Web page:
We are happy to announce that we now have a California Native Page on Facebook, and you can become a fan on our Facebook page. If you are not yet a member of Facebook, you can also join and connect with old friends and make new ones too. You might learn about a trip some old friend took that you are dying to try yourself! Maybe they even posted some great pictures.

You may also have noticed that all of our stories, and this blog itself, are available for sharing on dozens of social networking sites as well as e-mail. Just click on the “share” icons on our website, www.calnative.com, to share a story, or page.

There is also an RSS feed on the top of our blog pages, to allow you to see blog updates, as soon as they are posted, on your Google Home Page or RSS reader.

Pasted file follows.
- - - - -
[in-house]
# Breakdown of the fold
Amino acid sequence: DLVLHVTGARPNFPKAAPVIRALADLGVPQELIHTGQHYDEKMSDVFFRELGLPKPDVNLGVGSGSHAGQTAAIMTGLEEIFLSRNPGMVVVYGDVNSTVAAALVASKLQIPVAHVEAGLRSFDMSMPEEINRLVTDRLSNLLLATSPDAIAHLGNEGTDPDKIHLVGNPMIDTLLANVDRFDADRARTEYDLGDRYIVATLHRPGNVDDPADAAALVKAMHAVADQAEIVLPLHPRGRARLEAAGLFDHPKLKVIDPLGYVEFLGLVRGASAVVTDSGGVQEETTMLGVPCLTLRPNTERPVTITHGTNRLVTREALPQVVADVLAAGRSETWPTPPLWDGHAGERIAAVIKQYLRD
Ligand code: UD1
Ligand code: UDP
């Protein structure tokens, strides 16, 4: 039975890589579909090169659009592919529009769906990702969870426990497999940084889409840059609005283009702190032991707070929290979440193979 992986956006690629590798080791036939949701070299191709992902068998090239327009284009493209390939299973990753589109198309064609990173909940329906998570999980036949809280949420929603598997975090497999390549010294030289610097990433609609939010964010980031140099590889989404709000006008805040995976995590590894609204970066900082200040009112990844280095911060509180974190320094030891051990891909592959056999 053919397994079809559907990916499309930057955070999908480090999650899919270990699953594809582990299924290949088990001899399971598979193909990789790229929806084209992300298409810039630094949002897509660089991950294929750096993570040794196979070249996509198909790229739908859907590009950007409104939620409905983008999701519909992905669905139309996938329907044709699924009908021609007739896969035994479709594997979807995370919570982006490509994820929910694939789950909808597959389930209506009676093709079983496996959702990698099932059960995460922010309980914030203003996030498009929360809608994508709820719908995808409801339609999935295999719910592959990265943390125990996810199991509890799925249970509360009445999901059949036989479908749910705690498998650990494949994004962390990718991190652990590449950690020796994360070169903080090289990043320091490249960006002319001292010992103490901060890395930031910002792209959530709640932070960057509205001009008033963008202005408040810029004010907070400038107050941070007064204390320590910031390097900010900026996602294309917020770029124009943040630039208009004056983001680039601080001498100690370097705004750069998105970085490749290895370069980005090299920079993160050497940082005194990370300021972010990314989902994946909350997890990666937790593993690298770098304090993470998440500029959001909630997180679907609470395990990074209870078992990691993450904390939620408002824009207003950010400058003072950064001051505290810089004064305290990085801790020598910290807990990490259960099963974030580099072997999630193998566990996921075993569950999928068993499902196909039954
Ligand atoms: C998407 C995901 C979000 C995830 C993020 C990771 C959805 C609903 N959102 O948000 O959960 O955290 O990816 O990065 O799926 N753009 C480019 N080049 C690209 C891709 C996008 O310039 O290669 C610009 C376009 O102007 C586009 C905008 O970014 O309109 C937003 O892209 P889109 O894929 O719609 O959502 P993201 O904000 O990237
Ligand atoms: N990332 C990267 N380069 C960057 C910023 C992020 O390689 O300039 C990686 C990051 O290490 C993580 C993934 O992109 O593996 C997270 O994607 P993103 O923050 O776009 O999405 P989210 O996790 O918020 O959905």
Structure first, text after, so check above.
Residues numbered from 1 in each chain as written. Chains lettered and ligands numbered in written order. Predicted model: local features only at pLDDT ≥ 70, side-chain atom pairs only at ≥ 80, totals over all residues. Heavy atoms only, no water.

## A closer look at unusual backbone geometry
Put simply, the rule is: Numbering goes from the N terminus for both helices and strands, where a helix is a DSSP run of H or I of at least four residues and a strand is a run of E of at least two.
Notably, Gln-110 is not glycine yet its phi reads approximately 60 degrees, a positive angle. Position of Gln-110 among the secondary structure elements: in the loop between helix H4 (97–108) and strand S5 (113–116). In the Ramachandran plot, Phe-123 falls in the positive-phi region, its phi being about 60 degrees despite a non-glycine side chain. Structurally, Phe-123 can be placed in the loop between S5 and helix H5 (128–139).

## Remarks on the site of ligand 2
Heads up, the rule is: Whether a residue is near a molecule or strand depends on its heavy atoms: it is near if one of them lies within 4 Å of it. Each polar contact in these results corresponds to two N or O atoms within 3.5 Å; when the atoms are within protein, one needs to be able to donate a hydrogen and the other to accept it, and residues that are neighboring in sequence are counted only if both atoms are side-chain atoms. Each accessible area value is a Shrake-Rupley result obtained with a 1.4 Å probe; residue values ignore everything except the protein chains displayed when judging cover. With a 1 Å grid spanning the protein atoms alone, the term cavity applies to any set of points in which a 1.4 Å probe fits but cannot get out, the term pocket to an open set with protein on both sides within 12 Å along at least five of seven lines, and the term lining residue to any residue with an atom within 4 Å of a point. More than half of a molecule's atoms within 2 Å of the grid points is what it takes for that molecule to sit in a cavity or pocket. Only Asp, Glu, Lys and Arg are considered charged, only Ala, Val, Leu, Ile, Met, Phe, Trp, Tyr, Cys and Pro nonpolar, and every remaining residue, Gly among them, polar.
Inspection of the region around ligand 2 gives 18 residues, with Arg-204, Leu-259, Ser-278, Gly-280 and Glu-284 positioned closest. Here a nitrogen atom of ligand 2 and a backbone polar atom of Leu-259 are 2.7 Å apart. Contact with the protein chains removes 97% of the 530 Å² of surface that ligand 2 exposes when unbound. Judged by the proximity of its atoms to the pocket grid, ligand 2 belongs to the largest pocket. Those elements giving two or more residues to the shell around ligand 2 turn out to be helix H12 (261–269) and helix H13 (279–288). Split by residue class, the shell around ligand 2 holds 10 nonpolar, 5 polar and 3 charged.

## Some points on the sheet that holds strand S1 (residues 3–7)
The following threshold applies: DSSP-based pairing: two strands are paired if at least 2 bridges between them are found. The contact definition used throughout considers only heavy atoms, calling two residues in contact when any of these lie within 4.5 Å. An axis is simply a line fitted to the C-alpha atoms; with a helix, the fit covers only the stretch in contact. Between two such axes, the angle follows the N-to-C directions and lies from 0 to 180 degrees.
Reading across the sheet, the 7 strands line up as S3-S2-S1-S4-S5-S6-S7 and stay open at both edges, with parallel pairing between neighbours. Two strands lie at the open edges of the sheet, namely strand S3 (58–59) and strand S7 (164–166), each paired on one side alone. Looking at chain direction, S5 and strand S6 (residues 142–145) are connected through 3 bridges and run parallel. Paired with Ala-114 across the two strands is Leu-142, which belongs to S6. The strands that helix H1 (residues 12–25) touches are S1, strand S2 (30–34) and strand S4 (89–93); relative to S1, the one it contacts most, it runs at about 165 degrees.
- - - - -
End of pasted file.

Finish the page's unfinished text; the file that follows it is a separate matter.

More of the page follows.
Of course, you budding travel writers can always post your own story or photos on our blog or Facebook Page.

Pizza: The Universal Food

Traveling around the world, an important part of the experience is tasting the local cuisine. From Mexico to China, from Hungary to Bhutan, no trip is complete without sampling the regional specialties.

But on a long trip, after days or weeks of eating the local dishes, I always develop a craving for the universal comfort food—pizza. And so, I make it a part of each of my journeys to try the local pizza, the one food, besides a ham-and-cheese sandwich, that can be found almost everywhere.

In Mandalay, Myanmar (Burma), we found excellent pizza at the Rudyard Kipling Bar & Grill. In LeJiang, Yunnan Province, China, after many days of Chinese banquets for lunch and dinner, in spite of protests by our Chinese host, we headed for the nearest pizza parlor and enjoyed our pizza and beer feast.

Traveling through Thailand, we discovered excellent pizza was at the Slow Food Italian Restaurant in Chang Mei, where the proprietor, an Italian expat in a wheelchair, greeted each guest. All of his staff were also wheelchair bound or disabled.